The inhabitants have nicknamed the place “Sodom and Gomorrah“, a metaphor for what Agbogbloshie looks like and has become: a destroyed city, a war zone, a place covered in ash, waste and fire, and where workers ply the scrap metal trade earning much needed money.

Director Sam Goldwater’s aim for the film Regolith was to determine whether that was true using only his camera and as little intervention as possible.  He captures the area and its workers:  harshly beautiful and stark photography set amidst an extreme and surreal industrial digital wasteland.

~Film by Sam Goldwater; photos Kevin McElvaney

 

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Into The Streets

 

The Historic March Against Climate Change

 

**Meerkat Media VIDEO**

 

Skippy Massey
Humboldt Sentinel

 

 

There’s strength in numbers.  400,000 to be exact.

Over 400,000 people took to the streets of Manhattan to demonstrate a unified front against climate justice inaction.

Different walks of life and diverse perspectives converged together as the popular– and surprising– movement unfolded on September 21 and 22.

From Manhattan to Melbourne, people took to the streets in a move to demand ambitious commitments and change from world leaders for tackling the climate crisis.

By the end-of-day estimates, the flagship march in NYC drew approximately 400,000 people–more than quadrupling the pre-march estimates of 100,000– just two days before world leaders converged for an emergency UN Climate Summit.

By midafternoon march organizers released an initial count of 310,000 people based on the crowd density along the march route.  But as the day continued, reports came in of tens of thousands more marching outside the official route, streaming down avenues in midtown Manhattan towards Wall Street.

At 5:00pm, march organizers had to send out a text asking marchers to disperse from the march route because the crowds had swelled beyond the route’s capacity.

“We said it would take everyone to change everything– and everyone showed up,” said Eddie Bautista, Executive Director of the New York City Environmental Justice Alliance.

The New York march was led by different frontline communities who came from across the globe to highlight the disproportionate impact of climate change:  from communities hit hardest by Superstorm Sandy, to people living in the shadow of coal-fired power plants and oil refineries, to those living in island nations already faced with evacuating their homes.

Once seen as an issue seen dividing environmentalists and labor, the march was also notable for the number of unions that joined the climate fight.  Nearly every single labor union in New
York helped organize turnout for the march, including the SEIU,
the largest union in the city and the second largest in the country.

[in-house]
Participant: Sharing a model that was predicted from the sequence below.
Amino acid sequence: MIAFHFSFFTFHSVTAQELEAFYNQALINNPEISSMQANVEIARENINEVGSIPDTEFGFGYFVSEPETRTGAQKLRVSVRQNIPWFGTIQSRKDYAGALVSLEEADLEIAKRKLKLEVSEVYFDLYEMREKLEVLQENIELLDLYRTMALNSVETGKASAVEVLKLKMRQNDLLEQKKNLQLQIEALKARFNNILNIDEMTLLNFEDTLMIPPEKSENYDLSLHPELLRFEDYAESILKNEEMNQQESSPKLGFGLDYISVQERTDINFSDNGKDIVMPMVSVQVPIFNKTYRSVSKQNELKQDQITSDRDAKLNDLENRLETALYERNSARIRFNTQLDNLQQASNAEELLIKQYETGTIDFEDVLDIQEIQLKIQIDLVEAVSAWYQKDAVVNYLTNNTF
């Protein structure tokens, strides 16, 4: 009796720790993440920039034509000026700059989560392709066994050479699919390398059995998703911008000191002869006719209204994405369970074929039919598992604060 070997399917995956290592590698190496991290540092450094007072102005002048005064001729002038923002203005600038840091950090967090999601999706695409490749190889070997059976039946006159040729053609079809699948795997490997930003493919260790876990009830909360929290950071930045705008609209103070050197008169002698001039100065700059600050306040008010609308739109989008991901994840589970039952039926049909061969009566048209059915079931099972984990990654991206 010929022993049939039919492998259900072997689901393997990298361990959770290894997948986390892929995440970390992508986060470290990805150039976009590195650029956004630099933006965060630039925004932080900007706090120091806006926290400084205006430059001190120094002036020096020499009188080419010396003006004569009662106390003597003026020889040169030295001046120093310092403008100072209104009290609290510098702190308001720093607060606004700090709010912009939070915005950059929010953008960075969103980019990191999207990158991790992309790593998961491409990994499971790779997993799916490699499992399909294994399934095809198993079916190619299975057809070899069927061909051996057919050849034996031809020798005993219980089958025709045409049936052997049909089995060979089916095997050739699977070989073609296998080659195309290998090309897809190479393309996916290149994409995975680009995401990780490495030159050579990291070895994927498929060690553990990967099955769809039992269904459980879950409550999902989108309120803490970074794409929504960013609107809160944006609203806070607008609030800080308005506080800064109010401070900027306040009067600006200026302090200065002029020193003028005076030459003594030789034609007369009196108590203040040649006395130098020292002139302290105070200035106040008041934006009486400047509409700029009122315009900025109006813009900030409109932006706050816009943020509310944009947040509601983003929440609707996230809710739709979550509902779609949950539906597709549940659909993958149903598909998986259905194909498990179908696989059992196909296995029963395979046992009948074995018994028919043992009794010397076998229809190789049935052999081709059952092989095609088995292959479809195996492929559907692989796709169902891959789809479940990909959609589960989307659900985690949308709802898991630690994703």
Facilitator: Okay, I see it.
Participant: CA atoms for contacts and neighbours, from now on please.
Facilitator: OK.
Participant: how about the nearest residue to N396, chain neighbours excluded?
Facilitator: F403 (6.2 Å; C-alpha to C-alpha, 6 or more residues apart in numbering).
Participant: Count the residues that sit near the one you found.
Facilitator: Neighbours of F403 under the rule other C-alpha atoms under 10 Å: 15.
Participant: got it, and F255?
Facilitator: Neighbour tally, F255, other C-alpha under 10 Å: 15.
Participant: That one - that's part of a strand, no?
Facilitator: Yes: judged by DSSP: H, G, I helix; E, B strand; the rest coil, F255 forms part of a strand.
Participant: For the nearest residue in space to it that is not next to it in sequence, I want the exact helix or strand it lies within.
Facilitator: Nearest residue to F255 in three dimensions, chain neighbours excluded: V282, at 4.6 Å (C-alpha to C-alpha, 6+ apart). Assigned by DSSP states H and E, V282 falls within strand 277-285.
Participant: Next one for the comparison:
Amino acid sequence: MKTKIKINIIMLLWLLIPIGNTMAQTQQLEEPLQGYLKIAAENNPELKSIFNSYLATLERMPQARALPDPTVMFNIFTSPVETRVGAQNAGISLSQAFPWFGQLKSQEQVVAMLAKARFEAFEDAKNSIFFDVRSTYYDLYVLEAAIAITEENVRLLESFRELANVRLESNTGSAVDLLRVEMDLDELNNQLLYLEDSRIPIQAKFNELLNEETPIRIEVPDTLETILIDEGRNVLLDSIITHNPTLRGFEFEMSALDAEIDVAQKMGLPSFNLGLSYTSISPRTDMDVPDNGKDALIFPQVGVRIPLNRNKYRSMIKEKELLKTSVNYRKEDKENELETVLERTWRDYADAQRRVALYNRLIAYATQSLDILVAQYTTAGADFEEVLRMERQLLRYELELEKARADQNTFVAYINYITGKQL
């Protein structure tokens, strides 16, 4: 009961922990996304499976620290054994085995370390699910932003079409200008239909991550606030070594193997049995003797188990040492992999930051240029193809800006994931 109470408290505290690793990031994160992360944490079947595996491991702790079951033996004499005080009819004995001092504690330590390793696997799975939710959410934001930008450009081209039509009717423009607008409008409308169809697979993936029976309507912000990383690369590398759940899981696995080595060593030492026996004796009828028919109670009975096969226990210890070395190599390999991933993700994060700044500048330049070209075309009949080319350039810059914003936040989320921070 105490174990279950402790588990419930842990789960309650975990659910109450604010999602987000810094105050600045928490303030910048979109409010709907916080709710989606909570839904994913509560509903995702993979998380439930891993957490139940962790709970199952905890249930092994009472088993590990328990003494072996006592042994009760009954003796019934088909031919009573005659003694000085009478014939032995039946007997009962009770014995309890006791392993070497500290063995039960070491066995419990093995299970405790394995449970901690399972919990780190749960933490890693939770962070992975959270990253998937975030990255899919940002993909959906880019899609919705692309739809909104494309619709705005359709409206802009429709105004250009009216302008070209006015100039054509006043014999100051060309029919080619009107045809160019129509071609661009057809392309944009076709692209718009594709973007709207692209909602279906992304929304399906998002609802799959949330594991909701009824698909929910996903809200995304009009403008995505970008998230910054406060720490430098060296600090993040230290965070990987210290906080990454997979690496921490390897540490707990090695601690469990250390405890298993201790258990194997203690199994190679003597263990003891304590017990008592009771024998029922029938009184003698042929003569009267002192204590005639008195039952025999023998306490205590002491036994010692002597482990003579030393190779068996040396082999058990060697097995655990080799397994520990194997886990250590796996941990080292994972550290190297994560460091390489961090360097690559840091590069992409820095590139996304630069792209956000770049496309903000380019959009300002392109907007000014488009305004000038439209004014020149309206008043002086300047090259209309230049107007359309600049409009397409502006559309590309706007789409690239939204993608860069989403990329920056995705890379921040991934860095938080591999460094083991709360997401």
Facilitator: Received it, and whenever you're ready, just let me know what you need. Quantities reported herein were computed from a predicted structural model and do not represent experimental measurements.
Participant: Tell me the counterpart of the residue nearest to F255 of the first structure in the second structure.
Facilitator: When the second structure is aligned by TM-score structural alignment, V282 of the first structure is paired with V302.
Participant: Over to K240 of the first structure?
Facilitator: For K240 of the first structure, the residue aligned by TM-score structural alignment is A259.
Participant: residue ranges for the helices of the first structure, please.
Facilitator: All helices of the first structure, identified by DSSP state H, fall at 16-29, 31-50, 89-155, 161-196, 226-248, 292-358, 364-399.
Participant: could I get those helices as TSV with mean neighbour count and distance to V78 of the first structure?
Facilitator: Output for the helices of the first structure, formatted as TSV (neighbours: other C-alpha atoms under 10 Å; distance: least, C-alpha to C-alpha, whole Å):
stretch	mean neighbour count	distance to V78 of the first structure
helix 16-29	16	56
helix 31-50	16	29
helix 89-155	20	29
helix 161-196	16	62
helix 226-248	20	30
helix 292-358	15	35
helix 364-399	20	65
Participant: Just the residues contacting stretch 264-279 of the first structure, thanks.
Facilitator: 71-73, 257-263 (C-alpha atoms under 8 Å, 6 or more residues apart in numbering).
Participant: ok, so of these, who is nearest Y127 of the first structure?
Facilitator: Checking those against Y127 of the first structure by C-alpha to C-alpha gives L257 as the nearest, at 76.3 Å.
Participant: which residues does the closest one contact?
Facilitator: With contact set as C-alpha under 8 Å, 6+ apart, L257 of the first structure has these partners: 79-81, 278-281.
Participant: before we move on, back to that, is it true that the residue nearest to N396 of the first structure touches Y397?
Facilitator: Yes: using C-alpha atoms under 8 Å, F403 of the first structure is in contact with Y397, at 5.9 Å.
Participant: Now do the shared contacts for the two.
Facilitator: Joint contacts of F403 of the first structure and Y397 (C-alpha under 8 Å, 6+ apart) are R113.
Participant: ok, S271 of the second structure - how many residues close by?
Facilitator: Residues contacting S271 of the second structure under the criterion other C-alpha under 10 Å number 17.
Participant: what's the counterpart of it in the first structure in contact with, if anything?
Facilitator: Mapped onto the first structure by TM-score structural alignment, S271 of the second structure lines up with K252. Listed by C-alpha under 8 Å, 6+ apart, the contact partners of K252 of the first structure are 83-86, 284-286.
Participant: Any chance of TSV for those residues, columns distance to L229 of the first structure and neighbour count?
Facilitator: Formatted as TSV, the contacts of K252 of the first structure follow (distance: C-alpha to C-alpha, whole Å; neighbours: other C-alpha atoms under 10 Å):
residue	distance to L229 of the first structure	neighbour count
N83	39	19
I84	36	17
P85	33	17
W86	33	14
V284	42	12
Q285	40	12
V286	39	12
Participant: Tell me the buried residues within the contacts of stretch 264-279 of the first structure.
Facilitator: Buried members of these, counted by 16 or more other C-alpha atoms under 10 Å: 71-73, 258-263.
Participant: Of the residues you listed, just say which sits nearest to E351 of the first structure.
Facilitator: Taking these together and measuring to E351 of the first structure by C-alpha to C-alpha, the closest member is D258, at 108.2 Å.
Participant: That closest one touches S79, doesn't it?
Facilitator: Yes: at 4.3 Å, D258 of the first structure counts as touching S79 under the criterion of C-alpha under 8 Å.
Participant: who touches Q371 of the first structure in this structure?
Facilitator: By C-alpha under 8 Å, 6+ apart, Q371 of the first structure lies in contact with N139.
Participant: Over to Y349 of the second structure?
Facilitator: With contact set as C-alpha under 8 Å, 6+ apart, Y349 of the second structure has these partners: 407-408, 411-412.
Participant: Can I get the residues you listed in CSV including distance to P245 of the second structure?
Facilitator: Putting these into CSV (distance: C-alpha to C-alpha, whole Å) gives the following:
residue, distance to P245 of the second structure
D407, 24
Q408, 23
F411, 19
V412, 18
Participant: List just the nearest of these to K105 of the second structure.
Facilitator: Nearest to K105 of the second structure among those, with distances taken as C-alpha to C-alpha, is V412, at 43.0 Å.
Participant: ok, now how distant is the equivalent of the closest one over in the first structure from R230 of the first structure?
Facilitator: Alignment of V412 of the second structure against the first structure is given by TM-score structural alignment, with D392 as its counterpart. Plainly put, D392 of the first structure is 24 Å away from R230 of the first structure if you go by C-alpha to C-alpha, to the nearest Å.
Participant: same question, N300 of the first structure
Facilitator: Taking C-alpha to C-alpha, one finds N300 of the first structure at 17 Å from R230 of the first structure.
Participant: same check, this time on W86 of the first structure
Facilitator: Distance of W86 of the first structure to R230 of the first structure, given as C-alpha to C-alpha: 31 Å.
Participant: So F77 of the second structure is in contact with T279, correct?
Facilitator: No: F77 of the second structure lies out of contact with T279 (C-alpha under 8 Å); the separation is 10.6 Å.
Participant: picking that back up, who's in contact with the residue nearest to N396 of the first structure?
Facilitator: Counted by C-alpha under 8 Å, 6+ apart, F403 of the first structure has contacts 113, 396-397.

“The frontlines of the climate crisis are low-income people, communities of color and indigenous communities here in the US and around the globe,” said Cindy Wiesner of The Climate Justice Alliance.    “We are the hardest hit by both climate disruption– the storms, floods and droughts– as well as by the polluting and wasteful industries causing global warming.  We are also at the forefront of innovative community-led solutions for a just transition off fossil fuels and an economy good for both people and the planet,” Wiesner said.

“Our members are marching because climate change affects all of us,” added Héctor Figueroa.  

“We live in the communities that get destroyed by storms like Sandy.  We work in the buildings that get flooded.  We get hit by health epidemics like asthma that are rampant in our communities.  And we care about the world that we will leave for our children and grandchildren,” Figueroa said.

Others, however, like the financial powerhouse Forbes magazine, believe the march was blown out of proportion for all the wrong reasons, calling it simply, Jumping the Shark.

Meerkat Media’s extraordinary video, Into the Streets, offers a glimpse of what the march was all about and the importance of everyone being on the same page for changing what we can– before it’s too late to do anything at all.

 

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Does the Hydra Live Forever?

 

As Close to a Miracle As Life Gets

 

**VIDEO**

 

Robert Krulwich and Adam Cole
NPR/ Krulwich Wonders

 

 

A puzzlement.

A simple gastrotrich hatches.  

Three days later, it’s all grown up, with a fully adult body complete with a mouth, a gut, sensory organs and a brain, says science writer Carl Zimmer.

In 72 hours it’s ready to make babies, and as soon as it does, it begins to shrivel, crumple… and usually within a week, it’s gone.  Dead of old age.

Sad, no?  A seven-day life.  But now comes the weird part.  

There’s another very small animal that also lives in freshwater ponds and lakes, also matures very quickly, also reproduces within three or four days.  But, oh, my God, this one has a totally different life span– and when I say totally, I mean it’s radically, wildly, unfathomably different– from a gastrotrich.